I’m Gonna Love You Through It

In my past blogs, I have done everything from map out the next five years of my life, to addressing relationship issues, to comparing myself to popular T.V. idols. Despite all of this, I have yet to share one of the biggest parts of my life with my readers, and the urge to do so has been pulling at my heart for weeks. I do have a disclaimer: I do not intend for this post to in any way be a downer, or to sound like I am whining. I would rather like to take this opportunity to share with everyone an aspect of my life of which I rarely speak, but which has recently come to the forefront of my life once again.

The year that I turned eight years old, my mom came home to my sister and me and explained that she had cancer. Being the eight-year-old that I was, I didn’t completely understand what that meant but I did understand that it wasn’t good. I now know that her cancer began in the stomach lining, and would eventually spread.  As my mom began her first round of chemo, and later her second, I grew up (as cliché as it might sound) at a much faster rate than typical children. I have attempted to communicate this in my past blogs, but here it is: I am a people pleaser; I naturally take charge during difficult situations, and I almost always assume the role of mother. Even today, I have had people call me “Mamma Kappa,” despite my attempts to bury my mothering habits. So, when I say that I grew up fast, I do not blame my mom’s illness, but I do believe that those circumstances combined with my natural personality led me to develop as I have.

After two rounds of chemotherapy, my mom had lost most of her hair and was practically on bed rest for around a year. Later she would undergo a full hysterectomy as a result of the cancer spreading. During this time, I went about my business being Ashley, transitioning into middle school, doing my homework and chores, and looking out for my little sister, who is three years younger than I am. During this hard time for my family, I took it upon myself to look out for my little sister, because it’s in my nature. I had high hopes that my mom would stay in remission, and for a while things looked good. Yet, the year I turned twelve things took a turn for the worse.

The summer that I turned twelve, my sister and I stayed with my grandparents in Myrtle Beach for six weeks. It was a really great summer, but after a little while I did miss my mom and dad. When they came to get my sister and me, they sat us down and explained that my mom had lymphoma. For those whom do not know, lymphoma is a cancer that typically spreads throughout your entire body by infecting the many lymph nodes. These are the things that get swollen when you are sick. At this time, my mom told us the doctors said that there was nothing they could do for her, and that she had about a year to live.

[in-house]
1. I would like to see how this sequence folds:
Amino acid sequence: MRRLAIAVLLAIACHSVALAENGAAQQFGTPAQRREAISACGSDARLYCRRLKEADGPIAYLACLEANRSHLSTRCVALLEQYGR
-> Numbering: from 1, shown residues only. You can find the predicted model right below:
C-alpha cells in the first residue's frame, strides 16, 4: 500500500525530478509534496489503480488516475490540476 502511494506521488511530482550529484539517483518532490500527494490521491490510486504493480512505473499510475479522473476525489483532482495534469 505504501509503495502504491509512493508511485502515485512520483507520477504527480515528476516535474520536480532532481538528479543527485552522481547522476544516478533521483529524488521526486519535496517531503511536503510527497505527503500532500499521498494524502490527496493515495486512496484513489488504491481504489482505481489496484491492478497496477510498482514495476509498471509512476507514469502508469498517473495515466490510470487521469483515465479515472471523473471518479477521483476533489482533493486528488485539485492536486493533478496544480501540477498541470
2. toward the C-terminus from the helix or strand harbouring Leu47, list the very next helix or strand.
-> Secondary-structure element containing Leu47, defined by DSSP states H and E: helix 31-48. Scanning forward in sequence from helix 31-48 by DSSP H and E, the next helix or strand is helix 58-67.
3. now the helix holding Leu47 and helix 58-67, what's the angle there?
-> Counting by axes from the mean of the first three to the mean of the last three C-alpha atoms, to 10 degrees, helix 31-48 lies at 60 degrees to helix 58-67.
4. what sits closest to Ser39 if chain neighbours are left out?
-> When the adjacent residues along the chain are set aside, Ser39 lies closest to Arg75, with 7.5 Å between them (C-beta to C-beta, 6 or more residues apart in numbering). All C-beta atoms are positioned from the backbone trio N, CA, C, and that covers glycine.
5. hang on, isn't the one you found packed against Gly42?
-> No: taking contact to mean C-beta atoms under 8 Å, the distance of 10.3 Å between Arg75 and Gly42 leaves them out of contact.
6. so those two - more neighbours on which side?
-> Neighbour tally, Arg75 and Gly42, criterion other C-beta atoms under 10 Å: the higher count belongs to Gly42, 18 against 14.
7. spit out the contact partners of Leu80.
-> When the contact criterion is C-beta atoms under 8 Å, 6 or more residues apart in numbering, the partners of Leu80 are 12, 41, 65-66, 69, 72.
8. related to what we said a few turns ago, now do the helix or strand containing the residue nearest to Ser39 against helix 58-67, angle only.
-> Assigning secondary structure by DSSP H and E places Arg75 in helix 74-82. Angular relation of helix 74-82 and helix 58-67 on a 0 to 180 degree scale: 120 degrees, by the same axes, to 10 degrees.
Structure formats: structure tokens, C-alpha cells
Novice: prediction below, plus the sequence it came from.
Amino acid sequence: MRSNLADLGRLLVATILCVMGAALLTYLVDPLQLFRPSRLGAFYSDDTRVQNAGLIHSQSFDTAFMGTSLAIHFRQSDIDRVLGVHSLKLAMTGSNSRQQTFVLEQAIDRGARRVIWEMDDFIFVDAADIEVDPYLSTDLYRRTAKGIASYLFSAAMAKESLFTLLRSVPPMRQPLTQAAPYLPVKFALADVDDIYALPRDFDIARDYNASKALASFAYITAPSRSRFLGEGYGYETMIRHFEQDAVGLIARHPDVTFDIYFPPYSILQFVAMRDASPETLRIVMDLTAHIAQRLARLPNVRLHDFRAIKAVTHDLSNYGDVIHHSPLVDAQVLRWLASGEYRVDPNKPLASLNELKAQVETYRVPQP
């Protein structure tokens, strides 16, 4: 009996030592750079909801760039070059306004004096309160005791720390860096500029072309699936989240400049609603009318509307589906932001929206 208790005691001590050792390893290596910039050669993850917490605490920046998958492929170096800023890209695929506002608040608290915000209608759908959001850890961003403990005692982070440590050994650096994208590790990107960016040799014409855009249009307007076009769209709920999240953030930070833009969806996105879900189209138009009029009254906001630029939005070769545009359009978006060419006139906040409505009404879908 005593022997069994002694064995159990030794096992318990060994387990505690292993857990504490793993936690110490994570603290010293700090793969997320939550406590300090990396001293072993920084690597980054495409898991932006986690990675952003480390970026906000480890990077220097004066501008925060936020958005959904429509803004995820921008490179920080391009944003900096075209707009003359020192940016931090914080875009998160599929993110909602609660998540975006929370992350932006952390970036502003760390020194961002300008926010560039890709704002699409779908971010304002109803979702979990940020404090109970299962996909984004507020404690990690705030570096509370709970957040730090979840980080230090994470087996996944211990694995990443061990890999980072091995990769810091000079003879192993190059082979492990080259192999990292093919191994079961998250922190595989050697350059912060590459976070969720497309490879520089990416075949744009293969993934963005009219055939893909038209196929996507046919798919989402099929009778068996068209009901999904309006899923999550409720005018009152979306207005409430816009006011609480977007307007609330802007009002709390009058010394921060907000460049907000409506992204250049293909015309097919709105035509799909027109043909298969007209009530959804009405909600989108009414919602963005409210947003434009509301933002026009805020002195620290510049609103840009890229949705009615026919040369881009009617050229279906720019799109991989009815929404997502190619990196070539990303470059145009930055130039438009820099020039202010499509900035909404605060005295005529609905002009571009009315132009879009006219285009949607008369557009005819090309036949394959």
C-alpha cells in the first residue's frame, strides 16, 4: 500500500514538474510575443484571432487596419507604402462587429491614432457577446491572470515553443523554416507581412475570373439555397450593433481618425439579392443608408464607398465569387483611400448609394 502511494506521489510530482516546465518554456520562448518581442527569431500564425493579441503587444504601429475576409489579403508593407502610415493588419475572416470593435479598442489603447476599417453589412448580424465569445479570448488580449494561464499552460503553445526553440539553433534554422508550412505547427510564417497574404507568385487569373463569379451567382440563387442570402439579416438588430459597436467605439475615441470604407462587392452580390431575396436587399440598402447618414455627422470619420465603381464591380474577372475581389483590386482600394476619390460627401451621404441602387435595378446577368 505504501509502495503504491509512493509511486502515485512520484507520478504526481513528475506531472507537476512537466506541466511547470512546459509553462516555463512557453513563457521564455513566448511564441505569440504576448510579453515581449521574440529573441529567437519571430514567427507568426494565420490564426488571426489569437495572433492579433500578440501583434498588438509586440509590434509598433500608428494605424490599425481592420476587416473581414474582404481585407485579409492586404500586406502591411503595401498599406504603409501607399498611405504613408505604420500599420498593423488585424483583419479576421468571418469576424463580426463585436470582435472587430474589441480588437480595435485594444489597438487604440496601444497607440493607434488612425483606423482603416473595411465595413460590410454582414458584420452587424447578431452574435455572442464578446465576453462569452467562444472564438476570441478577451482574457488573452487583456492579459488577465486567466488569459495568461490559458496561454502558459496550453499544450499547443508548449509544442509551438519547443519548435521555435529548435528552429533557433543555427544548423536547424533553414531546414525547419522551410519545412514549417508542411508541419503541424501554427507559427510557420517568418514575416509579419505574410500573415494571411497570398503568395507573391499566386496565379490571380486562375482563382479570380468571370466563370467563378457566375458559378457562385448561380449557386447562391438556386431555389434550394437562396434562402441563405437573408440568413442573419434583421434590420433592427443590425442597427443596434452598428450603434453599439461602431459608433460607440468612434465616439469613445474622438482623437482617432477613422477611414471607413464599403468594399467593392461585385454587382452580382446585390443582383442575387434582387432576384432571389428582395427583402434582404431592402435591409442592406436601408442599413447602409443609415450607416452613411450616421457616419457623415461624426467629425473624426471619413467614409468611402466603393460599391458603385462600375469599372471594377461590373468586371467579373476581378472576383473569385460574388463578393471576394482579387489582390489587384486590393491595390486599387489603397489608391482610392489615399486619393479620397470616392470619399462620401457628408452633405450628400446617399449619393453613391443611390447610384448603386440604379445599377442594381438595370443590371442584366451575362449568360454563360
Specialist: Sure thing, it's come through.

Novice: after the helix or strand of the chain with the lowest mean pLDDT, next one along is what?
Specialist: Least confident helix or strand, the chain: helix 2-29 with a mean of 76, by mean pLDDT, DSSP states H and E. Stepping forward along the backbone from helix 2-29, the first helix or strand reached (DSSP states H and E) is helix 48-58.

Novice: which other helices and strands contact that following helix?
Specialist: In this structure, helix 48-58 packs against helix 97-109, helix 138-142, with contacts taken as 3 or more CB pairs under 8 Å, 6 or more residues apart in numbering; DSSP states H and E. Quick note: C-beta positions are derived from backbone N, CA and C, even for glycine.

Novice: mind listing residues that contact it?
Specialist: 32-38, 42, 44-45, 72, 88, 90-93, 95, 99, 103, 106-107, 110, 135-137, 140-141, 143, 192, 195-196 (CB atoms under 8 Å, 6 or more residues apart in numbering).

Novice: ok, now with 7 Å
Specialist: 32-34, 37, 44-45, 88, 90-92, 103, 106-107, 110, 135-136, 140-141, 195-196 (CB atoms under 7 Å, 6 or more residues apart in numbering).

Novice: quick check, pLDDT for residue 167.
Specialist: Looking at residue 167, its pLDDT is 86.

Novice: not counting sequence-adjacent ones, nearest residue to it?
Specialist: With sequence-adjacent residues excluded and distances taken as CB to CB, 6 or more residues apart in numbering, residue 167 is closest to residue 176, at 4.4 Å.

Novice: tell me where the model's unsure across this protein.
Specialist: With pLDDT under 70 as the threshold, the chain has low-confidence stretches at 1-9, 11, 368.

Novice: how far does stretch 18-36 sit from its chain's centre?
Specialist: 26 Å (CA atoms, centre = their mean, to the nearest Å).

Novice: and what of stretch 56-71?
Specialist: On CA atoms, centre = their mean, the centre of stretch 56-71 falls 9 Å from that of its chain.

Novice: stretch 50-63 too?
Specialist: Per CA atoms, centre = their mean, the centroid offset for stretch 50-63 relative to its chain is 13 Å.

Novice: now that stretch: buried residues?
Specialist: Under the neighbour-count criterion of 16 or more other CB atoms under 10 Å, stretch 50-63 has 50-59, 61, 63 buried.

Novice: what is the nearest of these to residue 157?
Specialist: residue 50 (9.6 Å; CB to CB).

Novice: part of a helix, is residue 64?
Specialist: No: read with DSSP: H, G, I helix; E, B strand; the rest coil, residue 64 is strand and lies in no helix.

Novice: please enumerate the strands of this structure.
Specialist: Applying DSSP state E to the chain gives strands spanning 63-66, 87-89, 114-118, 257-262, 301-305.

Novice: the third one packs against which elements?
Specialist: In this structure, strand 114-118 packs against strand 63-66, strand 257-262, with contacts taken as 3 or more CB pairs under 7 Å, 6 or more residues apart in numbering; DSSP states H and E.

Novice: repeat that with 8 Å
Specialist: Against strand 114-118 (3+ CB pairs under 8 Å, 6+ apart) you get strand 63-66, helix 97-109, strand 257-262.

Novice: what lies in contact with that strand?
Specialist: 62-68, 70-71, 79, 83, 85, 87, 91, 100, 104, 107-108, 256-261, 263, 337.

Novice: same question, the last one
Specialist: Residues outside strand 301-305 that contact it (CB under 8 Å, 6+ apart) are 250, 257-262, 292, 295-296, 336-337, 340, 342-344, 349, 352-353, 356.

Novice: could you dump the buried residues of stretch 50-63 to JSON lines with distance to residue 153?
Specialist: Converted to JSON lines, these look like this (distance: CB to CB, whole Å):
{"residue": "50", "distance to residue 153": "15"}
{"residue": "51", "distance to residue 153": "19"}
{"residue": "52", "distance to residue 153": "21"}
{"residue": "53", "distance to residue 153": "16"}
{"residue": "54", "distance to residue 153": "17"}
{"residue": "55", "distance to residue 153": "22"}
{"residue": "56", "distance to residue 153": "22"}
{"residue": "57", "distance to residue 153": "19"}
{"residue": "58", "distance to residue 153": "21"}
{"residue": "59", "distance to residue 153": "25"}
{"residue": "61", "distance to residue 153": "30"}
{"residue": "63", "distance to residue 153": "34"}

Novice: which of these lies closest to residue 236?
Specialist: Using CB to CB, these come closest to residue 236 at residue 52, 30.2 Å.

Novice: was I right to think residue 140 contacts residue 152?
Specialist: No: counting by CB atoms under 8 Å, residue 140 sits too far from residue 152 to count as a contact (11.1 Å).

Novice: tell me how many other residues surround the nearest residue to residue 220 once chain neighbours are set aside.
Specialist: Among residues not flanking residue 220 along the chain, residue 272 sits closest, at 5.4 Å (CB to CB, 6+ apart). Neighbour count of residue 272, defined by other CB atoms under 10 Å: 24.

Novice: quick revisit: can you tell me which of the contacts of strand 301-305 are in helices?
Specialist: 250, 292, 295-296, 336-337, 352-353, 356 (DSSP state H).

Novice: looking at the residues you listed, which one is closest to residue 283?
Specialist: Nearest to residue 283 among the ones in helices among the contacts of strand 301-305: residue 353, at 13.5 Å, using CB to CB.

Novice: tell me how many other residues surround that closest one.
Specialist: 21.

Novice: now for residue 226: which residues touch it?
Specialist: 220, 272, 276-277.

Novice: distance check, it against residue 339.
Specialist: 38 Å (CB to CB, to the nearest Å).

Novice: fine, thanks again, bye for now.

As a twelve year old girl, the first thing I did was call my best friend and have a good cry. I wasn’t ready for my mom to die, and it seemed like nothing would ever get better. Even at twelve, I thought of how my mom would never be at my wedding, would miss my prom, and would never meet her grandchildren. My family was devastated, and for the next year or two we lived life on the edge.

Now here’s the kicker: my mom did not die. She is still alive today, and we have worked on getting answers to everything. From what I understand, she has a slow moving cancer, and the prognosis she was given was a misleading one. At this stage of my life, I have gotten used to the fact that my mom is okay, that we can move on. Up until a few weeks ago, I assumed that we would continue to cope with her many health problems and go along our merry way.

Around three weeks ago, my mom called me to tell me that she now has colon cancer. She begins treatment next month, and she is hoping to do alternative therapy that does not include chemo, because her body cannot take any more of the radiation. When she told me this, my chest got tight and all I could think was, “What am I supposed to feel?” I kept thinking that a normal daughter would cry or scream or something, but all I could give her was silence. I don’t know how to feel; I don’t know what to think. The harsh truth is: my mom was supposed to die eight years ago. I have loved the time that I have had with her, and I don’t know how to handle this change. It is personally difficult for me because I feel like I’ve lived my life on the edge, always looking out for the sadness. I had let myself move on from that, but suddenly it has come back to my life in full force.

Lately, I have found myself testy, stressed, and angry with everyone around me. There has been a change in my attitude, and writing this post has, in some ways, helped me accept the feelings I have and the confusion I feel.

I wrote this for two reasons: 1) this has been pressing on my heart. I haven’t been myself, and, in some ways, this is an explanation and an apology for those I have been mistreating. 2) I know that I am not the only LMU student that has been affected by cancer. Whether it is you, a family member, or a friend, we all know someone with a form of the disease. I want everyone out there to know that you are not alone. Maybe in your heart you’re feeling much like I am, flooded with confusion and stress and a thousand other emotions.  It’s okay though. None of us are alone.

If anyone would like to speak with me about your own experiences, please feel free to contact me directly at ashley.pritt@lmunet.edu or comment below.


Posted on March 14, 2014, in Uncategorized and tagged , , , , , , , , . Bookmark the permalink. 2 Comments.

  1. Carl and Margaret Chaffin

    So sorry to hear about your mom! It’s good that you can write down your feelings! You and your family are in our thoughts and prayers! Love you!

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